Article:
The British Empire Library

Masked: The Life of Anna Leonowens, Schoolmistress at the Court of Siam

by Alfred Habegger

Book Review by kind permission of Chowkidar, the journal of the British Association for Cemeteries in South Asia
Anna and the King of Siam and 'The King and I' (the book, film, and musical story') of Anna Leonowens nee Edwards (1831-1915), a British school teacher at the court (1862-1867) of King Mongkut, Rama IV of Siam, unintentionally made that widowed woman, with two children, known worldwide. Who was Anna? Habegger summarises her unconventional life with these words: 'The British ancestor who had fathered a mixed-race progeny in India and by doing so had left his descendants... a legacy of shame, ambition, painful effort, and endless concealment.' Born in Ahmednagar (now in Maharashtra) growing up in Poona, schooled in Bombay, the 18-year-old daughter of an Irishman and a Eurasian mother married Thomas Leonowens from Enniscorthy in County Wexford, Ireland.

It was at this moment that Anna pretended to be of Welsh stock: with slightly darker skin than most English women in India and black hair though strictly speaking she was a 'quarter Eurasian ' - at least in the eyes of colonial British society. Starting their married life, the couple went to Western Australia. Four years later, in 1857, Thomas found a far better job in the Straits Settlements but died in Penang in May 1859. To earn her living, Anna set up a private school in Singapore. And here it was where King Mongkut's Chinese agent, looking for a suitable schoolmistress for the children of the King's harem, came across her.

A contract was signed and in early spring 1862 Anna took up her job. What she later wrote about her five years in Bangkok, what she told her American audience in her lecture tours turned more and more into a subjective description of her life and the court in the 1860s. Habegger compares and analyses these 'facts' with the information he gained from his research of contemporary sources: papers, diaries, reports / letters from businessmen, diplomats, journalists, and missionaries living in Bangkok. And Habegger unveils an Anna being proud of her British (white race) origin, often arrogant, stubborn and getting furious, but seldom diplomatic in her relations with the King: Less 'the King and I', more 'I and the King.'

She dealt with the King at eye level only which later made her very sympathetic for the American public. Habegger's second part of his documentation deals intensively with Anna's eleven years in New York and the New England states. When she arrived there she immediately was supported by people who had once been to south east Asia and she was admitted to a very influential society. What she told and wrote was highly welcomed by the public who had hardly ever heard anything about Siam. Though some doubts arose from her description of the Siamese court, she didn't once leave her adopted path, even when directly confronted with facts differing from her reports. Among these cautious critics was Henry James. As Anna's fame and attraction began to decline, her daughter married a banker and the family moved to Halifax, Nova Scotia and later to Montreal. On purpose, Habegger has left out the biographical section covering Anna's life after 1878 until her death. This includes her five years at Kassel, in Germany, where she sent her grandchildren for a first-class education outside the English-speaking world - and the three years at Leipzig where she chaperoned her most beloved grand -daughter Anna Leonowens Fyshe, who studied the piano.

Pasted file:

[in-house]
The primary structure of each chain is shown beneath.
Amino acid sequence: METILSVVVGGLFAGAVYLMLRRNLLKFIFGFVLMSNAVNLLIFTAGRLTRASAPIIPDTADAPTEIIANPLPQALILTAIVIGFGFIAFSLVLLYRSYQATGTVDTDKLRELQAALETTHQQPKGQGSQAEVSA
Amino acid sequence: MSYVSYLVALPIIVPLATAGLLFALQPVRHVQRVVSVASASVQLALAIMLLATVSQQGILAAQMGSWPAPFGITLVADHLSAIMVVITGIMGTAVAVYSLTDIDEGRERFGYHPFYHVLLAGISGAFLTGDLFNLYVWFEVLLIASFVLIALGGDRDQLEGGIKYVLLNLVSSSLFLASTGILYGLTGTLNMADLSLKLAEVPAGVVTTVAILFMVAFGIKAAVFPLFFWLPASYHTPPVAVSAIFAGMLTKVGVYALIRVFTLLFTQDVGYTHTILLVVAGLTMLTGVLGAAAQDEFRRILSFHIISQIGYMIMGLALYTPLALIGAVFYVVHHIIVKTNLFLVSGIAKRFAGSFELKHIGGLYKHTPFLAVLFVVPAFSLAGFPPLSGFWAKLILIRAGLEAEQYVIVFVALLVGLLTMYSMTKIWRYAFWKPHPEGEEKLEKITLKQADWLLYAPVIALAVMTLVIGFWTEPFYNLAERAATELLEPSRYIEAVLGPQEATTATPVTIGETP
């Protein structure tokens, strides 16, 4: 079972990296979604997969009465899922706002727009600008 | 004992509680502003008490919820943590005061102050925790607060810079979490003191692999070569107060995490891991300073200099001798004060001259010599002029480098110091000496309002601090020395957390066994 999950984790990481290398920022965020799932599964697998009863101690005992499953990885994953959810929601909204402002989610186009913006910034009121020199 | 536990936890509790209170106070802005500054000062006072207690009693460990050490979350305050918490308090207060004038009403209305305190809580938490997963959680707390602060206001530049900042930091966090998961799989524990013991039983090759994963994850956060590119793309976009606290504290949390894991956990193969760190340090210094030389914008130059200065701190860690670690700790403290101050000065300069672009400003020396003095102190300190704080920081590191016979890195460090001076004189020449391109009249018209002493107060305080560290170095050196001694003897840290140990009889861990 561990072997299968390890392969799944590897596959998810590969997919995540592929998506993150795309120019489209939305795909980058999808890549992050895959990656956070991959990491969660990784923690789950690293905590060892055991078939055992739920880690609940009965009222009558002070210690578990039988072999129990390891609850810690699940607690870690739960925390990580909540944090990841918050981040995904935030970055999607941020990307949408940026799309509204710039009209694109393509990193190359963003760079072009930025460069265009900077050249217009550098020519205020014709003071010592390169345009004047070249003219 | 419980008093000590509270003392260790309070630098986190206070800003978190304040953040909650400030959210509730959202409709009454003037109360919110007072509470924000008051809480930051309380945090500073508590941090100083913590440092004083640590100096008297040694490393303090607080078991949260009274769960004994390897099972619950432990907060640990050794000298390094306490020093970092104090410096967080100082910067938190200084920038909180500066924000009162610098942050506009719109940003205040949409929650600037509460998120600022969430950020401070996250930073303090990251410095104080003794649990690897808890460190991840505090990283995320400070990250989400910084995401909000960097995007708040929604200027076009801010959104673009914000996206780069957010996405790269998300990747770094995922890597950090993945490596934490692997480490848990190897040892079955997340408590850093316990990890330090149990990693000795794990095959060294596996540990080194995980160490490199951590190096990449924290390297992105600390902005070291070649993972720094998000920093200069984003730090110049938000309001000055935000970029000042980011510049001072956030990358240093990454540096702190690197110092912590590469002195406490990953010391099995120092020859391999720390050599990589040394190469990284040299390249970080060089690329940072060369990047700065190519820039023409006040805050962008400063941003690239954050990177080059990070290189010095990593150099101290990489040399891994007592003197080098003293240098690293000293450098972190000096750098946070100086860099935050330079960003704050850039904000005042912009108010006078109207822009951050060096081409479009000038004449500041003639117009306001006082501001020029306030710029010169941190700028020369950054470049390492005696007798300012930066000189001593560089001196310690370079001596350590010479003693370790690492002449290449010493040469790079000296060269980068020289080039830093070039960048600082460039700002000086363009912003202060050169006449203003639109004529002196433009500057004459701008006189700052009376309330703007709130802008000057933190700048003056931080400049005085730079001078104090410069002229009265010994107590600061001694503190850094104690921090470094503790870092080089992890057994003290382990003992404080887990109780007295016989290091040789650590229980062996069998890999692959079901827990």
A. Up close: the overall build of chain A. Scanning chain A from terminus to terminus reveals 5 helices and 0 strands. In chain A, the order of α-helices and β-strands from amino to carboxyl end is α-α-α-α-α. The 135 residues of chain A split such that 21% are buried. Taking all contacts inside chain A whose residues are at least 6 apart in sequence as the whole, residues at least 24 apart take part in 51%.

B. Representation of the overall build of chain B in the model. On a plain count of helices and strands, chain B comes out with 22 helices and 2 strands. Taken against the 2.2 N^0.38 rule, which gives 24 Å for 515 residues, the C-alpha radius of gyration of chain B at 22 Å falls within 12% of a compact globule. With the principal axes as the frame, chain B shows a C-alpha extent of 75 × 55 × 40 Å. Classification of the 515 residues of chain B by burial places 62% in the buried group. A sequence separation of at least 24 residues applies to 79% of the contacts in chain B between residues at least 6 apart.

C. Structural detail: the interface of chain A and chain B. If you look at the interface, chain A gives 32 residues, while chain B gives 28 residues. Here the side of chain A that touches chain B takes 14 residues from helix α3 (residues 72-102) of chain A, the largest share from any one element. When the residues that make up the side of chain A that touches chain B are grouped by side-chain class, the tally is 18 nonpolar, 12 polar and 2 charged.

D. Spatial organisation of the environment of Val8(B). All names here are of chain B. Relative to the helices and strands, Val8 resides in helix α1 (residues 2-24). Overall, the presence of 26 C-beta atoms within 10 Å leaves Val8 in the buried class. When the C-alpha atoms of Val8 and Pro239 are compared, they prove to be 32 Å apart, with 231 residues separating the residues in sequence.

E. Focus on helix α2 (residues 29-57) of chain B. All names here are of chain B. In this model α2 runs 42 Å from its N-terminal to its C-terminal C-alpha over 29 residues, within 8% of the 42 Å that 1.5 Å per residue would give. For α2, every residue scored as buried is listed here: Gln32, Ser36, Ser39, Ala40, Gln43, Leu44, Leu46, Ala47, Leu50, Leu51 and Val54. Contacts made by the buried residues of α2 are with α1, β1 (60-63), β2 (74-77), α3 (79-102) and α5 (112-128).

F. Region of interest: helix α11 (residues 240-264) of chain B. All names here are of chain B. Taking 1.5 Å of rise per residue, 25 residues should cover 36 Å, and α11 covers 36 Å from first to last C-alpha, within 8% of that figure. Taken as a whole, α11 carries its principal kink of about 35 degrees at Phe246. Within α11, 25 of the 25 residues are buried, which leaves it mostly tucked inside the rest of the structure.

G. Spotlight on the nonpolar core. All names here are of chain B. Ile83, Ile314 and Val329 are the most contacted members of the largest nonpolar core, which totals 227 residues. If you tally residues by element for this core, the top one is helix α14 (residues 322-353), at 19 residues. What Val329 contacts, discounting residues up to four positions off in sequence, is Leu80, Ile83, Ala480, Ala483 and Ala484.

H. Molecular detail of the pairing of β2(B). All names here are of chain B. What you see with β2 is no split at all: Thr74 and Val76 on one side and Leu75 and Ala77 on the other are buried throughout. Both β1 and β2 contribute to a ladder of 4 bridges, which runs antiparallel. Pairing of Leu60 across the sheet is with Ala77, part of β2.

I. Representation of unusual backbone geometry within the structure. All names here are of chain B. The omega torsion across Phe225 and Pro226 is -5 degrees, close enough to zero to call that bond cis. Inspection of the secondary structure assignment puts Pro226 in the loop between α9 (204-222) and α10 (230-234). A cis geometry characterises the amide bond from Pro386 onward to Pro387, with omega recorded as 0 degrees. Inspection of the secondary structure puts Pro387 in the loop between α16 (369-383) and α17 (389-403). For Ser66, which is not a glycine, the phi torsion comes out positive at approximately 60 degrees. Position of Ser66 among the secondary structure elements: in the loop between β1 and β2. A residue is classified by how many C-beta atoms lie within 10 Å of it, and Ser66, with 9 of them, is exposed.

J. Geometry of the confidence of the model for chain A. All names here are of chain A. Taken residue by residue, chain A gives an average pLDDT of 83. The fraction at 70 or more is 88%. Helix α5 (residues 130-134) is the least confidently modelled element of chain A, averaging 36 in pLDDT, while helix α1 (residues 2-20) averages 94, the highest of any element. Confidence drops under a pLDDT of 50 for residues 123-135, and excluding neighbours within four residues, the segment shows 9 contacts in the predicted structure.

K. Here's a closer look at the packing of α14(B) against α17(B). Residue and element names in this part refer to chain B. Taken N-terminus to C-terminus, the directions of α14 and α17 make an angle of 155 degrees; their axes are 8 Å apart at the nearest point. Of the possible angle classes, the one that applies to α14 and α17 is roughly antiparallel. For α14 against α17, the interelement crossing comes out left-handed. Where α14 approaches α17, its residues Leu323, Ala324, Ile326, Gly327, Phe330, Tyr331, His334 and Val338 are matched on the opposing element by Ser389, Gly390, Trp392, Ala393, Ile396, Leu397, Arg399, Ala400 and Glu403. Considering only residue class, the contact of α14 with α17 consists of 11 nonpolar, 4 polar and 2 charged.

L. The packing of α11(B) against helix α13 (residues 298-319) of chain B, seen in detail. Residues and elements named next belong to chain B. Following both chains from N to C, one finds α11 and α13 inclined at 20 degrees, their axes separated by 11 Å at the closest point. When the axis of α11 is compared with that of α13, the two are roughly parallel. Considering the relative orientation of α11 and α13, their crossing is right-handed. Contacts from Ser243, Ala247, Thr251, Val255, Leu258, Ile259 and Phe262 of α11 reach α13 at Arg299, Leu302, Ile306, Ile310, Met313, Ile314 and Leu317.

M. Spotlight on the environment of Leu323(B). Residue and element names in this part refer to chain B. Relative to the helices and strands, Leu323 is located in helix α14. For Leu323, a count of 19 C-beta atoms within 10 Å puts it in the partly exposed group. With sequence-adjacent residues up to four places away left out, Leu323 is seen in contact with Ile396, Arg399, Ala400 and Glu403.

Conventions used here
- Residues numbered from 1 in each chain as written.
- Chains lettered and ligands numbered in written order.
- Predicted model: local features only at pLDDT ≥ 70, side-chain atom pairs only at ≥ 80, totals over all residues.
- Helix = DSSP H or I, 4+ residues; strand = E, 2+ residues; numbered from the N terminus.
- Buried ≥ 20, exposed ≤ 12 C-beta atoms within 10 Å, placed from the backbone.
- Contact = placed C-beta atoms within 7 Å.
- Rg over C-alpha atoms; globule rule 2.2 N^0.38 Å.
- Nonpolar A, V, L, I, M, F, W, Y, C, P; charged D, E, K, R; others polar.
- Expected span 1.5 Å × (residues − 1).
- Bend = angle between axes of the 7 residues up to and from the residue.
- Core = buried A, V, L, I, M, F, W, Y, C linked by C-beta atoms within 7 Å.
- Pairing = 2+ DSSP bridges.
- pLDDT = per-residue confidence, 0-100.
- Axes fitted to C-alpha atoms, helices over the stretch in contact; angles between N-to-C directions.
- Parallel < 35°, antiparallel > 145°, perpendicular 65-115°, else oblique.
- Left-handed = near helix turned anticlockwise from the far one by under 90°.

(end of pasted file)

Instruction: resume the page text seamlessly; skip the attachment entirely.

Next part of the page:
The third part of Habegger's book deals with Anna's revival. After her death she was soon forgotten until Margaret Landon discovered Anna's publications - and wrote the first biography Anna and the King of Siam (New York, 1944). She brought back Anna from the dead, but she romanticised her life so much that the book became far more misleading than anything Anna had written herself. Habegger has reserved one fifth of Masked to a most valuable appendix including genealogical tables which I have never found in similar biographies. He has compiled everything so carefully that the book will remain a reference work for any further research. As this documentation is crammed with facts and analyses, I recommend to read a biography (half the size of Habegger's book) first which tries to cover Anna's entire life, which will give the frame that Habegger fills with details - Bombay Anna: The Real Story and Remarkable Adventures of the 'King and I' Governess by Susan Morgan, published by the University of California Press in 2008.

British Empire Book
Alfred Habegger
First Published
University of Wisconsin Press
Review Originally Published
Spring 2015 in Journal of the British Association for Cemeteries in South Asia


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